Featured Posts

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Our most popular posts, collected in one spot. A sort of greatest hits. After 10 years and more than 1200 posts, a few have stood out to our readers. They’re here.


I was a boy when I received my first pair of snowshoes, a wood-framed, rawhide-laced (the rawhide was traditionally made from moose hide and known as babiche, pronounced "bab-eesh") pair made in Maine that took me on countless boyhood journeys through the winter woods. Since then, I've snowshoed all over Maine, New Hampshire, New Brunswick, [...]

The Windpouncer jacket is the premiere wind and rain layering system jacket I've ever encountered.  Three layers of ultra-thin imagi-foam stand between you and the elements ensuring you stay warm and dry, and your hands are sure to be warm in two large slash pockets lined with their proprietary "cold-be-gone" spun polyester... OK, this is [...]

I've heard the terms bushcraft and wilderness survival used interchangably, and defined by those who base their understanding on what they saw on a tv show. Needless to say I disagree with most of the common definitions floating around these days. The terms are not the same thing, although one is contained within the other. [...]

A guy called me yesterday with questions about our Summer Survival Weekend Course. We spoke for several minutes about what the course covers, what he could expect, and other related topics. Then said he had a question about religion. He asked if we incorporated spiritual teachings or Native American ceremonies in the course. I immediately [...]

Something we discuss in great detail in our courses is the difference between minimum impact camping and displaced impact camping. Modern camping practices are far from minimum impact; things such as rare metals and petroleum products put a huge burden on our planet. But since the effects of their processing and production aren't usually visible [...]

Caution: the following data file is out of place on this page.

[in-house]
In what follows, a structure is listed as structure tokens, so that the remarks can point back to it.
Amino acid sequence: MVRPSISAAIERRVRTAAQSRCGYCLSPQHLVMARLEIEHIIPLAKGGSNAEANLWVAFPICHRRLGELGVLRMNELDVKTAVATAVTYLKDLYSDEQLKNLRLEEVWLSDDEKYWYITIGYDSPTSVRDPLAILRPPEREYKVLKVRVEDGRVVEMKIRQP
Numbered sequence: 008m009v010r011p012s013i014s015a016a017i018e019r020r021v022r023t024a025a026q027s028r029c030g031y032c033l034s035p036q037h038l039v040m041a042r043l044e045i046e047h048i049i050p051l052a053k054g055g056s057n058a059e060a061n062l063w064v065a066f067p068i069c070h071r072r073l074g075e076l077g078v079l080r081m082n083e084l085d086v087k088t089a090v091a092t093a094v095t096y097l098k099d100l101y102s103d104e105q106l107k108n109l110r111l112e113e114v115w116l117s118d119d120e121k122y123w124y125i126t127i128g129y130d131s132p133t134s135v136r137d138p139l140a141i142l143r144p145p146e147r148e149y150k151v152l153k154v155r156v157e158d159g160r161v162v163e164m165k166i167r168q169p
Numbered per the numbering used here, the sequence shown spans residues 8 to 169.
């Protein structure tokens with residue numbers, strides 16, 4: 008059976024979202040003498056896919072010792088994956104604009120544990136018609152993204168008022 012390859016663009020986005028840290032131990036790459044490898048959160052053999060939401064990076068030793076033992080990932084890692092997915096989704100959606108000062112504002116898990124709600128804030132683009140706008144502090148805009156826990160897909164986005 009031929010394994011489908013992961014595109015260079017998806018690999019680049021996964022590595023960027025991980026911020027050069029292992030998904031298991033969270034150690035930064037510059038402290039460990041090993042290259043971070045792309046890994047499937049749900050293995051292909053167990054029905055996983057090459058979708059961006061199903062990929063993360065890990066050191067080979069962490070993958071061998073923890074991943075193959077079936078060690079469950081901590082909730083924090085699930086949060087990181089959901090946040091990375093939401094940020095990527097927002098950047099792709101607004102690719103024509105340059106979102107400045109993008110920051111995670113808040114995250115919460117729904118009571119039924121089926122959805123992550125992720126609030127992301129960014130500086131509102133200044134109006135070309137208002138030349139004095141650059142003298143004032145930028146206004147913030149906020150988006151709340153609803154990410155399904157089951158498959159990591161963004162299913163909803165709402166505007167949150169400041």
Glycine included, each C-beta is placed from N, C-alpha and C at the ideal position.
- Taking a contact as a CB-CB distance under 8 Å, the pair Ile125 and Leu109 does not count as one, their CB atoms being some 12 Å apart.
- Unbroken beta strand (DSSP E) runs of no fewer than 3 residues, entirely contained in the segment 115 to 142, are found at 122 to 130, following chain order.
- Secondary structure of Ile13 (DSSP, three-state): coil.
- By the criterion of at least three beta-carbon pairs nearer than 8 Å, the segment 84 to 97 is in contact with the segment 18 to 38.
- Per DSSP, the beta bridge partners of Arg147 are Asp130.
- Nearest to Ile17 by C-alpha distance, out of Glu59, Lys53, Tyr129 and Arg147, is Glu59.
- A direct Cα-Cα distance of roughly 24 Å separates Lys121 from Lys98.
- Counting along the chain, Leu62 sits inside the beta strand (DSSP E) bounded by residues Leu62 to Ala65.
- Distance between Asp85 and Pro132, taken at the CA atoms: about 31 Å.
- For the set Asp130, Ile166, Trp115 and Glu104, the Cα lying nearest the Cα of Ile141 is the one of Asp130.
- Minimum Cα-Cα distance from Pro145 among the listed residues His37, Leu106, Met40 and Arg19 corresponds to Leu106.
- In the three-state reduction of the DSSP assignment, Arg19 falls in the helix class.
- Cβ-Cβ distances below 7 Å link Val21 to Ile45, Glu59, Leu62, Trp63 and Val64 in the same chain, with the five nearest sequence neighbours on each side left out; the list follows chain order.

There are endless discussions as to what makes a good knife. Everyone has their opinion, and some people seem to be willing to defend theirs for hours. I've found that knives are kind of like dogs - everyone thinks that their dog is the greatest, and no matter how bad or poorly behaved it is [...]

Becoming competent at lighting fires with a hand drill or bow drill takes time, sweat and blisters. But it can be done. There's a difference between trying to get a coal and trying to master the techniques. Decide what your goals are before you proceed. If you want to get a coal, then drill until [...]

If you work as a guide or teach wilderness survival for any length of time, someone, or more often lots of people, are going to ask your opinion of those individuals who have elevated themselves to celebrity status in this type of work. I duck these questions and avoid these types of conversations, if only [...]

 


 

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Typos, Etc.
Note: Anything that appears to be an error in spelling or grammar is actually the author’s clever use of the vernacular, and as such is not an error, but rather a carefully placed literary device that demonstrates his writing prowess.

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